A final note… a couple of days ago I posted a diary that detailed one of the Obama administration’s creative interpretations of laws to quell speech and speculated as to whether a bill awaiting Obama’s signature might be used similarly. In the comments [SHG readers: the comments referred to were on the Daily Kos posting] several lawyers, including the Daily Kos site’s official lawyer Adam B went to some effort to explain that the statutory interpretations that were presented by a couple of other lawyers in the diary were indeed incorrect. (Thanks for your efforts at education, Adam B.) Unfortunately, they missed a key point of the diary. Lawyers frequently disagree over statutory interpretation (heck, they get paid to disagree) but what is of great importance is not whether one group of lawyers is correct about an interpretation or not. Often what is important is how close to executive power a lawyer or group of lawyers is and how much damage is done by incorrect statutory interpretations while the executive branch works the levers of power to enforce poor interpretations of law and uses whatever legal trickery they can arrange to avoid review by the judicial branch. We all knew that John Yoo and several of his legal colleagues in the Bush administration were promoting preposterous legal interpretations, but it took a considerable amount of time for the actions of the Bush administration based upon them to come to light and even longer for them to work their way through the system to be challenged and repudiated.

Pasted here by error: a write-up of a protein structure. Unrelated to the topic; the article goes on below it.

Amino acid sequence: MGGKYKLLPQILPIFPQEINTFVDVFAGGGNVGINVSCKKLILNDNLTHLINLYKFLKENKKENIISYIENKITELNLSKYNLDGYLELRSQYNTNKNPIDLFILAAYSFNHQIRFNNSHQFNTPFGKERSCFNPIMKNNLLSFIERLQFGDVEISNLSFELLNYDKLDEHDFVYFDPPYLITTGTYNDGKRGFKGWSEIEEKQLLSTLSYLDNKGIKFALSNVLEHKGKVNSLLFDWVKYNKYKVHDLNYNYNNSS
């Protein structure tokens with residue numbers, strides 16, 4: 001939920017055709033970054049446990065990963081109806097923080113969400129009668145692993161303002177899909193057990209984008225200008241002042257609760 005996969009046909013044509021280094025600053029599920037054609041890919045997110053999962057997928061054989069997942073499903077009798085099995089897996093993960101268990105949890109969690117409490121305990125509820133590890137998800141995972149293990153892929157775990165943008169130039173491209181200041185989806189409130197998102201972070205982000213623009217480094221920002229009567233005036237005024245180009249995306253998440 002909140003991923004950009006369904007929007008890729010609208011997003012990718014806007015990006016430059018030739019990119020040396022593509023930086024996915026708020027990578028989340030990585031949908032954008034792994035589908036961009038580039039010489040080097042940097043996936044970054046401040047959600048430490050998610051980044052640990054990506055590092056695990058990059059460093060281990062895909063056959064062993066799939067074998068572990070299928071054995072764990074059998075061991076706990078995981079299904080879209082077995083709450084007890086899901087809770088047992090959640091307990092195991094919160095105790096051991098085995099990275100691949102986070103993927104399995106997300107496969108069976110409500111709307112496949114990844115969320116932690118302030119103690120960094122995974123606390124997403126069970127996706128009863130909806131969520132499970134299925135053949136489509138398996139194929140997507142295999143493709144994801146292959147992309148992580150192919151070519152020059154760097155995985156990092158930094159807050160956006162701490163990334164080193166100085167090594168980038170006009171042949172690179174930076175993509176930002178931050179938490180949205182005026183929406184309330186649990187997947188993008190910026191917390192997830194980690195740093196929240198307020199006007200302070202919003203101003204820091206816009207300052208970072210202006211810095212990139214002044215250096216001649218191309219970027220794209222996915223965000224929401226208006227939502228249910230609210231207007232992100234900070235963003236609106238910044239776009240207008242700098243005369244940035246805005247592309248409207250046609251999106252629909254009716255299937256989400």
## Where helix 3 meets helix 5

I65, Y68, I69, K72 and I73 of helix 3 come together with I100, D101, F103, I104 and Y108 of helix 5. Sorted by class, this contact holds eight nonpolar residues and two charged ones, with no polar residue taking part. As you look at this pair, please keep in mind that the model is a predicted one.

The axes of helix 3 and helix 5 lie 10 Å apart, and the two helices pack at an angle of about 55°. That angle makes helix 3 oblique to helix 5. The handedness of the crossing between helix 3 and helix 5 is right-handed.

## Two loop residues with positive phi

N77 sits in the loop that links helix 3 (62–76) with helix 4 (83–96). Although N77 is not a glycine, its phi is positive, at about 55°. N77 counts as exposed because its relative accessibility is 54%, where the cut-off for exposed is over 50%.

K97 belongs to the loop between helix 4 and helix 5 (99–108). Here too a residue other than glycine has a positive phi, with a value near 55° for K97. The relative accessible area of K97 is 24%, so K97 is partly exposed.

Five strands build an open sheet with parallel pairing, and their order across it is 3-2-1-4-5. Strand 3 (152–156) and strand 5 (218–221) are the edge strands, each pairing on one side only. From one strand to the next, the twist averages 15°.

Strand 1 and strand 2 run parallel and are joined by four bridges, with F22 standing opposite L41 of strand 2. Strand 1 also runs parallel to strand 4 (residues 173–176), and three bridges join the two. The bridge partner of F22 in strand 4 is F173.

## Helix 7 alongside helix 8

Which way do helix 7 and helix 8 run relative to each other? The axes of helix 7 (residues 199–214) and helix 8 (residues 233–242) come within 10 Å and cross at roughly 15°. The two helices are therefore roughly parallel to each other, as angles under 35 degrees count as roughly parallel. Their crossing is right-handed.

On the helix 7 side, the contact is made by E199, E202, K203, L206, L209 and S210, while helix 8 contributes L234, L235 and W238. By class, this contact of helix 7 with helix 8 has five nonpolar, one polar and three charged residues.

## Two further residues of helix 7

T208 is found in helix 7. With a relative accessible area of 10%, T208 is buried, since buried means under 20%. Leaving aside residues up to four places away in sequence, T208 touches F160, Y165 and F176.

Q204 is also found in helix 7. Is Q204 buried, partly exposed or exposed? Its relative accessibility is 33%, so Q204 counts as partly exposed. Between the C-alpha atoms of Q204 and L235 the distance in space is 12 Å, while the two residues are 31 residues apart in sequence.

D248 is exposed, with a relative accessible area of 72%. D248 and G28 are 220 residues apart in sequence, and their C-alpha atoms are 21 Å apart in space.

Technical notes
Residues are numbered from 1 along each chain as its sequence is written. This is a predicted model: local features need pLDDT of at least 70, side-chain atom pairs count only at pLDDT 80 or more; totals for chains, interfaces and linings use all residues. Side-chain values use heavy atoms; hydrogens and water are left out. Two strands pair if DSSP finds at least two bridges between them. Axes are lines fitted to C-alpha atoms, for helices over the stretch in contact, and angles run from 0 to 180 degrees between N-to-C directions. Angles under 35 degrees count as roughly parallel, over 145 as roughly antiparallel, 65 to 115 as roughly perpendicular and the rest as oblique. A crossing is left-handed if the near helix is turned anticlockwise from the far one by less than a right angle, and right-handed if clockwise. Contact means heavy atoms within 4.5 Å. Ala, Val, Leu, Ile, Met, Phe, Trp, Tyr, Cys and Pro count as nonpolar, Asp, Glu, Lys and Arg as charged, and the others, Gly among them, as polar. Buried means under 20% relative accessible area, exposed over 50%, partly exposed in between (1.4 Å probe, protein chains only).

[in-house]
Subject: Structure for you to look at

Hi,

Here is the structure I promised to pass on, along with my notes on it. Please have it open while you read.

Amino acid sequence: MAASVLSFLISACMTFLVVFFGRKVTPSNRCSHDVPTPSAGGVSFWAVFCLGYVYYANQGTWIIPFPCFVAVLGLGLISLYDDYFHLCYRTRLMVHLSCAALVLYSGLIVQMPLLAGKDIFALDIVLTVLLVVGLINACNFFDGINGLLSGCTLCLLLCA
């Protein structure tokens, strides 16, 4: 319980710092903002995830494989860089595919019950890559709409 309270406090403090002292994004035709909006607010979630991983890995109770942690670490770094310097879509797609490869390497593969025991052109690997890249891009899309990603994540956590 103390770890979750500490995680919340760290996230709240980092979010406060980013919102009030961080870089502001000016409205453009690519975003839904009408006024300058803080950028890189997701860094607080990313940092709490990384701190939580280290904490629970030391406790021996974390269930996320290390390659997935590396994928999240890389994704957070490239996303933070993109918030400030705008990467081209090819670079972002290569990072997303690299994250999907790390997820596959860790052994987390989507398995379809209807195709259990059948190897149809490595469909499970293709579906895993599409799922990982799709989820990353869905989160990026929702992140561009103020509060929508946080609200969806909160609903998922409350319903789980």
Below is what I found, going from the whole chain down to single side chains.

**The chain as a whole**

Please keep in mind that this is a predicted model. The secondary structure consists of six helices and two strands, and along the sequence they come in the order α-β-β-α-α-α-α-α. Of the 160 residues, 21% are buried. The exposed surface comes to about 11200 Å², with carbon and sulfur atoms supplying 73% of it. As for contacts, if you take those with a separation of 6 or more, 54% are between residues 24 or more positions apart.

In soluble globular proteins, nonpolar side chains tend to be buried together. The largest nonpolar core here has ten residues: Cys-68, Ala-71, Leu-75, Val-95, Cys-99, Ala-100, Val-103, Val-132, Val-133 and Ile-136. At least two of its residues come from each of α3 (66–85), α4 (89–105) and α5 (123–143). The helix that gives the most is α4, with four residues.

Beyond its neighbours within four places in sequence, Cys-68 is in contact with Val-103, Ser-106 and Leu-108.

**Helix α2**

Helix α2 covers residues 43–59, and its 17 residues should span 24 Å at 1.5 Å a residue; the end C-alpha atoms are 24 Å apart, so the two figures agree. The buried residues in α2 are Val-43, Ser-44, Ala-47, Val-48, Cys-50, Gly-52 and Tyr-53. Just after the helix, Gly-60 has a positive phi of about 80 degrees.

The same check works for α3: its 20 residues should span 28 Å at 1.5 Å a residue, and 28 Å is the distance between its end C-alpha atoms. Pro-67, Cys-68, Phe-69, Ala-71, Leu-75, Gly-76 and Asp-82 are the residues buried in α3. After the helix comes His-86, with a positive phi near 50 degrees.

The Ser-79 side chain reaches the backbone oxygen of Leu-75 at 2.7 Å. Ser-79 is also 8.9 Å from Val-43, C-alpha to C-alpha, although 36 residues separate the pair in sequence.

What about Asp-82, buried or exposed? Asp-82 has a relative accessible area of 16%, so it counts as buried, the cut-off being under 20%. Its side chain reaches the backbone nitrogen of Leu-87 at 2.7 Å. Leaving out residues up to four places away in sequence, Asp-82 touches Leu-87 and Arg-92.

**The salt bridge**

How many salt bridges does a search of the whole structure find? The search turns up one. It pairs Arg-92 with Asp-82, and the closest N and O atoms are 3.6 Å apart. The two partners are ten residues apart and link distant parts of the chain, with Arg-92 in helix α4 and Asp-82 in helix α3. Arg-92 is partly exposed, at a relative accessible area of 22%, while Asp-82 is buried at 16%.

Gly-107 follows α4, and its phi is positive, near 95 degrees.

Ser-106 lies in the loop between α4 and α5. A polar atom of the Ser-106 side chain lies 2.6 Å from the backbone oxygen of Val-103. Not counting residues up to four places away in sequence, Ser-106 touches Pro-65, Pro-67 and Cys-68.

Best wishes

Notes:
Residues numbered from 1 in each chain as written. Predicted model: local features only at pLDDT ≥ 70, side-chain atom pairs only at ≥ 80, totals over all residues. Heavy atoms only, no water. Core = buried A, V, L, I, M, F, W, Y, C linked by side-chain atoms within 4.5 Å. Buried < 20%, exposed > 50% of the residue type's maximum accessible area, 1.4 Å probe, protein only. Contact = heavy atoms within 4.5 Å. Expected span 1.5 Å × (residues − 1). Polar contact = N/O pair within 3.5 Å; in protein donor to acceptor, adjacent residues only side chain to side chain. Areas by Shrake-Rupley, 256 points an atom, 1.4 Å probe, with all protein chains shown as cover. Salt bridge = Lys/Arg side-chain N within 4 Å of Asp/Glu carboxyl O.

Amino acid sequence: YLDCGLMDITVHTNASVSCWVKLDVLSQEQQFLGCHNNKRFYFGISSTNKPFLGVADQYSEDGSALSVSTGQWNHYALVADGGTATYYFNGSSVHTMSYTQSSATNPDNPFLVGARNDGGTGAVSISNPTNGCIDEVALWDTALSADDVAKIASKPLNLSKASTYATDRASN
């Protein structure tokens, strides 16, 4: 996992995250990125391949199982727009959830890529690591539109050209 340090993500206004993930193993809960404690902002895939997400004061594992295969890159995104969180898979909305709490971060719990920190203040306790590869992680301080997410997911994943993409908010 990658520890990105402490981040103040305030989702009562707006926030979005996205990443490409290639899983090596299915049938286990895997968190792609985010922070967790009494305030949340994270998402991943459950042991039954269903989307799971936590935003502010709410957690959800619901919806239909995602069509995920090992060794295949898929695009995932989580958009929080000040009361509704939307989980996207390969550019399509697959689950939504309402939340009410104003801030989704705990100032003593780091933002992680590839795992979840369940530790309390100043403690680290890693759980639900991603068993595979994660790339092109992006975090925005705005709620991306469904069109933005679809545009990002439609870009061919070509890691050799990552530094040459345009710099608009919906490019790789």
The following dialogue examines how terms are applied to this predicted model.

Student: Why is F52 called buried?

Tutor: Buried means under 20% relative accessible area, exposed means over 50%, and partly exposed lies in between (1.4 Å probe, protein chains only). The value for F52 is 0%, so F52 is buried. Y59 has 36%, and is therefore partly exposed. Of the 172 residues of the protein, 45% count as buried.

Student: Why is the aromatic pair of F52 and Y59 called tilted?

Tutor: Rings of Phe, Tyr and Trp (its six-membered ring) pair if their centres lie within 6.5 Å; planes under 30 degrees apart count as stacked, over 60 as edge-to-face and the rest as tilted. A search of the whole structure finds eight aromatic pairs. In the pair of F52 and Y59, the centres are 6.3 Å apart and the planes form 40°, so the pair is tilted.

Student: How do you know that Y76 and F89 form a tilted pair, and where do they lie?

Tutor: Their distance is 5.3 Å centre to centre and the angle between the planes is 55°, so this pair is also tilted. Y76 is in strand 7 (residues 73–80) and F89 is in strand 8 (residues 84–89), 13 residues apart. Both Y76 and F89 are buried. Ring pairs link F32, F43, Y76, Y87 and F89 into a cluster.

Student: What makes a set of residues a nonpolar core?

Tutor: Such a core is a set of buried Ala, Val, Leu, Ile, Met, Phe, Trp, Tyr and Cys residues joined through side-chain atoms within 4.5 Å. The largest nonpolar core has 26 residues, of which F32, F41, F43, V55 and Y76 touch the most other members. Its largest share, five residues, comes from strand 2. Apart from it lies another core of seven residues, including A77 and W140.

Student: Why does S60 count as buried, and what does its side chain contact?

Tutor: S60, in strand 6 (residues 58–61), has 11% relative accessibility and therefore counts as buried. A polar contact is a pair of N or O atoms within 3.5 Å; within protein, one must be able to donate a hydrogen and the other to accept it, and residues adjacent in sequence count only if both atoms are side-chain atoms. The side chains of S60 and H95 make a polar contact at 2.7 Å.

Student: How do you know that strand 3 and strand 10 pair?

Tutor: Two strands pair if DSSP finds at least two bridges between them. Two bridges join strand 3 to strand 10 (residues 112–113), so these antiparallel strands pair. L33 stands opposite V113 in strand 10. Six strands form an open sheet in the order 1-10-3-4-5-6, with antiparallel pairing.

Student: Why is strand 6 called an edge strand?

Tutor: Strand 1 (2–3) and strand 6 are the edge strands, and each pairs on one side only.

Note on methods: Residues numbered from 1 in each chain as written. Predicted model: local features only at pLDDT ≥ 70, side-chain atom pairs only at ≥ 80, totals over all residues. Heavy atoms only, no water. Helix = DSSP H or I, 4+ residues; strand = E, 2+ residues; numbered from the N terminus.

We cannot allow any administration to promote bad policy based upon twisted interpretations of law. If they are allowed to twist the meaning of something as basic as “due process” to support assassinating American citizens, who knows what might come next, if not by this administration, by a successor administration?